Black on Black

8 Mar
Face view of camouflaged daddy-longlegs spider.

A cryptic black harvestman blending in to the scorched bark of a tree in a post-wildfire zone in the Chiricahua Mountains in Arizona.

One interesting ecological factor to explore in the Chiricahua Mountains in Arizona is the vast areas that have been swept by wildfires in the past few years.  For example, the Horseshoe 2 wildfire in 2011 was the fifth largest wildfire in Arizona history, affecting more than 220,000 acres.  When I visited the mountains, acres of still-scorched trees surrounded by wildflowers and new growth sat side by side with untouched forest and thick underbrush making for an interesting environmental mosaic.  In some of the burned habitat I spotted the above harvestman blending in perfectly with the scorched bark–perhaps a something of a lucky break for this species?

Black daddy-longlegs spider on burned tree.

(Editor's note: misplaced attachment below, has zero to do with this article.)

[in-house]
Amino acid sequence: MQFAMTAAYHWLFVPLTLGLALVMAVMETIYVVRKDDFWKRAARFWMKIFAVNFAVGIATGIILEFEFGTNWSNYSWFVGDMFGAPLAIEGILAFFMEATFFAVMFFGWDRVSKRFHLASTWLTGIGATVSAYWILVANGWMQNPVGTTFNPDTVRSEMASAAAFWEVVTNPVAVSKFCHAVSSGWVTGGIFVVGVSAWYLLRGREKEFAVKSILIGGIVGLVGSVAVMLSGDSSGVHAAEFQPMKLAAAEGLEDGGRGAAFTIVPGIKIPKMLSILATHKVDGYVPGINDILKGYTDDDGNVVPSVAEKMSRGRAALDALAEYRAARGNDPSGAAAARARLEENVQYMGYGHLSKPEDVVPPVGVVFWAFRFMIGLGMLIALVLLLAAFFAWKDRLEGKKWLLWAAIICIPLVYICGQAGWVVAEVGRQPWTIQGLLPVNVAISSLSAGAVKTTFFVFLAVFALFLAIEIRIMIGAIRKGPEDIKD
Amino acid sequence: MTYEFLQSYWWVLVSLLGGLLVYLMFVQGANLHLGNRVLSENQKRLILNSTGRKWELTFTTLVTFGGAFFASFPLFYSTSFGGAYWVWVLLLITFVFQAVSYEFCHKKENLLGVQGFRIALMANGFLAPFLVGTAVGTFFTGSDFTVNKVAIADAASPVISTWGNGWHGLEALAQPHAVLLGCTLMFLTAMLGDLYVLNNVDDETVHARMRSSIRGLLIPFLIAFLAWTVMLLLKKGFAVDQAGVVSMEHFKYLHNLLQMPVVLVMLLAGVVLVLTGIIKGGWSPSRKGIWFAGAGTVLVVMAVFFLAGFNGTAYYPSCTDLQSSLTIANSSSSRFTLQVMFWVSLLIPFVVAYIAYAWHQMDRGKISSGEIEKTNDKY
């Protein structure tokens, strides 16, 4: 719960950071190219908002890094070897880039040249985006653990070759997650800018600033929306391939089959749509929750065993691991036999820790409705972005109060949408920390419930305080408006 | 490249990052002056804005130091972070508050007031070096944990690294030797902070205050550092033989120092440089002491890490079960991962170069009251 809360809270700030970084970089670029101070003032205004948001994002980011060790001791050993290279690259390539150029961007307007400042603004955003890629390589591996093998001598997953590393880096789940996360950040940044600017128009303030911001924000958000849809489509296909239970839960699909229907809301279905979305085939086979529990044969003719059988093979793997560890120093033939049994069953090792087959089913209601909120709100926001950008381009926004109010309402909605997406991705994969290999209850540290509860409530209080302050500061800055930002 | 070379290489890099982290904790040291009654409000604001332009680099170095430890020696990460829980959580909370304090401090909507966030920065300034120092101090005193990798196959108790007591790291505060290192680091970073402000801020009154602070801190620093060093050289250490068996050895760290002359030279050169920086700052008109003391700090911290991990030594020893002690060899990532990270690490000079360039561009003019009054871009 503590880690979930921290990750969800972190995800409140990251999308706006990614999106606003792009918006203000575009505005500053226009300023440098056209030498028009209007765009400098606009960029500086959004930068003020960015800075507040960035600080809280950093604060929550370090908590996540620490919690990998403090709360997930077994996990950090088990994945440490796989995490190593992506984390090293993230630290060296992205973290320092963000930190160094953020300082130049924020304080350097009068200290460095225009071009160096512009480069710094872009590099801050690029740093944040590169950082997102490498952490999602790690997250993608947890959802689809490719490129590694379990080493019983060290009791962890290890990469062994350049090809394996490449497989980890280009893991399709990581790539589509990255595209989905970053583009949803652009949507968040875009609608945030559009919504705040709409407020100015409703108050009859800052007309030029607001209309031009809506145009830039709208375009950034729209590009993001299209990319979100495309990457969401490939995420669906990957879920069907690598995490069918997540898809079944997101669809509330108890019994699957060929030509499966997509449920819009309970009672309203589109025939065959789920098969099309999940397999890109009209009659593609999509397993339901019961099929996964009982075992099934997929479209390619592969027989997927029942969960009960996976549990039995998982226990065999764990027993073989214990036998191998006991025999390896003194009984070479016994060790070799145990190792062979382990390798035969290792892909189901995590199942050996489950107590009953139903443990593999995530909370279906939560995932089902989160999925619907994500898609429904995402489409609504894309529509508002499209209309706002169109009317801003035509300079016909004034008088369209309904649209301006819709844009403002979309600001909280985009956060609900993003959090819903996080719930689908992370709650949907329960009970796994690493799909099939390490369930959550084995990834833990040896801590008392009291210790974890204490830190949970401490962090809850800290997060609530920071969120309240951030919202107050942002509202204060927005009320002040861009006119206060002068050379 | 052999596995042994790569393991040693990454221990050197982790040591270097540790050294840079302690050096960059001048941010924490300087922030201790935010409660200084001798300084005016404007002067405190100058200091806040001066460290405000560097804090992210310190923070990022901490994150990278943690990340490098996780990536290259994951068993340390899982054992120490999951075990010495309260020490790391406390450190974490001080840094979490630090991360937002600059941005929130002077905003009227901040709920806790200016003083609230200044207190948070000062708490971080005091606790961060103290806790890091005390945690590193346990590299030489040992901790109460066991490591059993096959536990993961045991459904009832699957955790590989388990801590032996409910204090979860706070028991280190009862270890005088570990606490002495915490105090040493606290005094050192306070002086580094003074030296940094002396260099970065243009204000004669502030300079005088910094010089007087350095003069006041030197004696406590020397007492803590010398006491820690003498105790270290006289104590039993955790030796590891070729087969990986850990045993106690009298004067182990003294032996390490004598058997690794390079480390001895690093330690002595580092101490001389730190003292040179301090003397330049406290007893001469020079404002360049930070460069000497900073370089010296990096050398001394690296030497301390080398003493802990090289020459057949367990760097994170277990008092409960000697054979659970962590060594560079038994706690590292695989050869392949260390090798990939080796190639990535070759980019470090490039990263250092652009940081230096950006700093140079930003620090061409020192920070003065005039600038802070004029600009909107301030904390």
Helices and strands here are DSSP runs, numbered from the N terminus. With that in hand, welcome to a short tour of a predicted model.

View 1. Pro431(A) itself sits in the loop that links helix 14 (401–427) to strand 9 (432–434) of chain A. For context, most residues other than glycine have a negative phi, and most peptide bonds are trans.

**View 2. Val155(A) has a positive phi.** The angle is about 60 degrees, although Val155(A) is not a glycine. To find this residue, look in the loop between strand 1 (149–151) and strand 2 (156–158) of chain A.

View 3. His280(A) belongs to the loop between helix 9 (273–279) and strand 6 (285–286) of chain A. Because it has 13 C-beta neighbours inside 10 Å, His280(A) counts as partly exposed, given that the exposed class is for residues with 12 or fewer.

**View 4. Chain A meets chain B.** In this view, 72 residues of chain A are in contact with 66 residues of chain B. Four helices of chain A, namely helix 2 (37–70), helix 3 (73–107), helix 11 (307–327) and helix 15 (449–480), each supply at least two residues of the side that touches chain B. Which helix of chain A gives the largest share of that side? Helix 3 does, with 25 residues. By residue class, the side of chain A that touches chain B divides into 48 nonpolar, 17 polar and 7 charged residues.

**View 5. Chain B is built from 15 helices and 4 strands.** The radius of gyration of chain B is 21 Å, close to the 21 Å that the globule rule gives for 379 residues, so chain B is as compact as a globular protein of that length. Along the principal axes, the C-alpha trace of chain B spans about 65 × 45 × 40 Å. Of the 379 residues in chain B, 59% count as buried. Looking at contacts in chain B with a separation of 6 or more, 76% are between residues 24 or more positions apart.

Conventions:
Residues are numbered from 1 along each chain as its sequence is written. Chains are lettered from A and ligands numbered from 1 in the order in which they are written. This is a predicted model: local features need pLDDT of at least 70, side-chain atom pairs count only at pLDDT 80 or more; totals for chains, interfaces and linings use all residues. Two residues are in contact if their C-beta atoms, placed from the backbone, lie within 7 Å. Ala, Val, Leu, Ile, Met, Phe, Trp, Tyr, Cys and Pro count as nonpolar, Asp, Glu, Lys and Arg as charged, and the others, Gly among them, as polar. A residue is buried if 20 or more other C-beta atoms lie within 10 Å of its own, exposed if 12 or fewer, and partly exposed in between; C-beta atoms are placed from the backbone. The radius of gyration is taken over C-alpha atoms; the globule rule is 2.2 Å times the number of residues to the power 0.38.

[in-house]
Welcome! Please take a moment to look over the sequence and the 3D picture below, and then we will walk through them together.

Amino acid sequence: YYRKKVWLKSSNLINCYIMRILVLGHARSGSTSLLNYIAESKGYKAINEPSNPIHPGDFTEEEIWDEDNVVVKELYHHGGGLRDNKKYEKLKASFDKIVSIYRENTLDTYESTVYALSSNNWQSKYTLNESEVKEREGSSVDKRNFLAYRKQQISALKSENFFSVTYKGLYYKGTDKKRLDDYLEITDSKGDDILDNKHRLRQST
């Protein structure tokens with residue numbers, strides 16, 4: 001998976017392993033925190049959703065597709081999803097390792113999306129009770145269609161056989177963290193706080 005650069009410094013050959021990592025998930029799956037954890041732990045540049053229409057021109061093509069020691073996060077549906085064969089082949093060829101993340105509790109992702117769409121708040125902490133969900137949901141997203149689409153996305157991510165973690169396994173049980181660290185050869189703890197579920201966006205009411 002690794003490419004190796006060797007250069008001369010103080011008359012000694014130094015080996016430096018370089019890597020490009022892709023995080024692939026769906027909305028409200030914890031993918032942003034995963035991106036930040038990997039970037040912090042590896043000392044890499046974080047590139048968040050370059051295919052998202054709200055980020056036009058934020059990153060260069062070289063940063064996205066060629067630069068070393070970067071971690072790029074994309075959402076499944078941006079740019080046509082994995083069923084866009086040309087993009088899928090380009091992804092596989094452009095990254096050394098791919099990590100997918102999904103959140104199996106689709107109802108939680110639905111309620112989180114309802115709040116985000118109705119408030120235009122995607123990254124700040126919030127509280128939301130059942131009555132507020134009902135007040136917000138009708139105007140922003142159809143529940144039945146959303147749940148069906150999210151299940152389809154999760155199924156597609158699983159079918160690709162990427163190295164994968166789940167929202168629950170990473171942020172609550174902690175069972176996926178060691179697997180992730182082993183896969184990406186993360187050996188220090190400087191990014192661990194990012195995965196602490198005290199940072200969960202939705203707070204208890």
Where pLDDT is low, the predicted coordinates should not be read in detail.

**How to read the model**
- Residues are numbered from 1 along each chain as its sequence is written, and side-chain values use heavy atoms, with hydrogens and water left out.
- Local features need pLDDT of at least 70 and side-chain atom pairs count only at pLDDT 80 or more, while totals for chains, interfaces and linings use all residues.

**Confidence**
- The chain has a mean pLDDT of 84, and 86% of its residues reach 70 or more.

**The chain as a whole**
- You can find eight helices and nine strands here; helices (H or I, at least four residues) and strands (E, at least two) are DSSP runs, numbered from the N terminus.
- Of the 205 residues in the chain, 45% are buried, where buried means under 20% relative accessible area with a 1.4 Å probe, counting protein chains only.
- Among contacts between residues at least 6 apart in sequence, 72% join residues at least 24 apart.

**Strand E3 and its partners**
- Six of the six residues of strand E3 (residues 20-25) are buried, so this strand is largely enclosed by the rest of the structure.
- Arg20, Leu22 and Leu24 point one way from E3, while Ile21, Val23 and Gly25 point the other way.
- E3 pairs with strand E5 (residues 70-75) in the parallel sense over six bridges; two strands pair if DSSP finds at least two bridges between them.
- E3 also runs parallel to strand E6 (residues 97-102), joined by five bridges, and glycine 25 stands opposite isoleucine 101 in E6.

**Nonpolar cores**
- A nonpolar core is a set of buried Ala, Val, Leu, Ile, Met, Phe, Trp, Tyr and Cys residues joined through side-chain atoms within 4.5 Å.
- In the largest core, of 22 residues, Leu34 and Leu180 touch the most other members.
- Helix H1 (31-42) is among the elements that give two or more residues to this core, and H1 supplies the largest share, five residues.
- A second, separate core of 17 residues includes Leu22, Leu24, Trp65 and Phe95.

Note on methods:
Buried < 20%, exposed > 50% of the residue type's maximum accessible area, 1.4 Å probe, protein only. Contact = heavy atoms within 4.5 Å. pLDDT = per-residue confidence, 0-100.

Camouflaged black harvestemen on burned tree.

Havestmen, more commonly called daddy longlegs, are a type of arachnid in the order Opiliones.  Although they are often mistaken for spiders harvestmen have very different biology and morphology, with a single pair of eyes, a wide connection between head and body, and no venom glands!  In addition, many opilionids are omnivores and scavengers, eating all manner of small insects, fungi, plant material, dead things, and even feces.  One other cool fact– paternal care has evolved in 5 independent lineages of Opiliones (Machado 2007).

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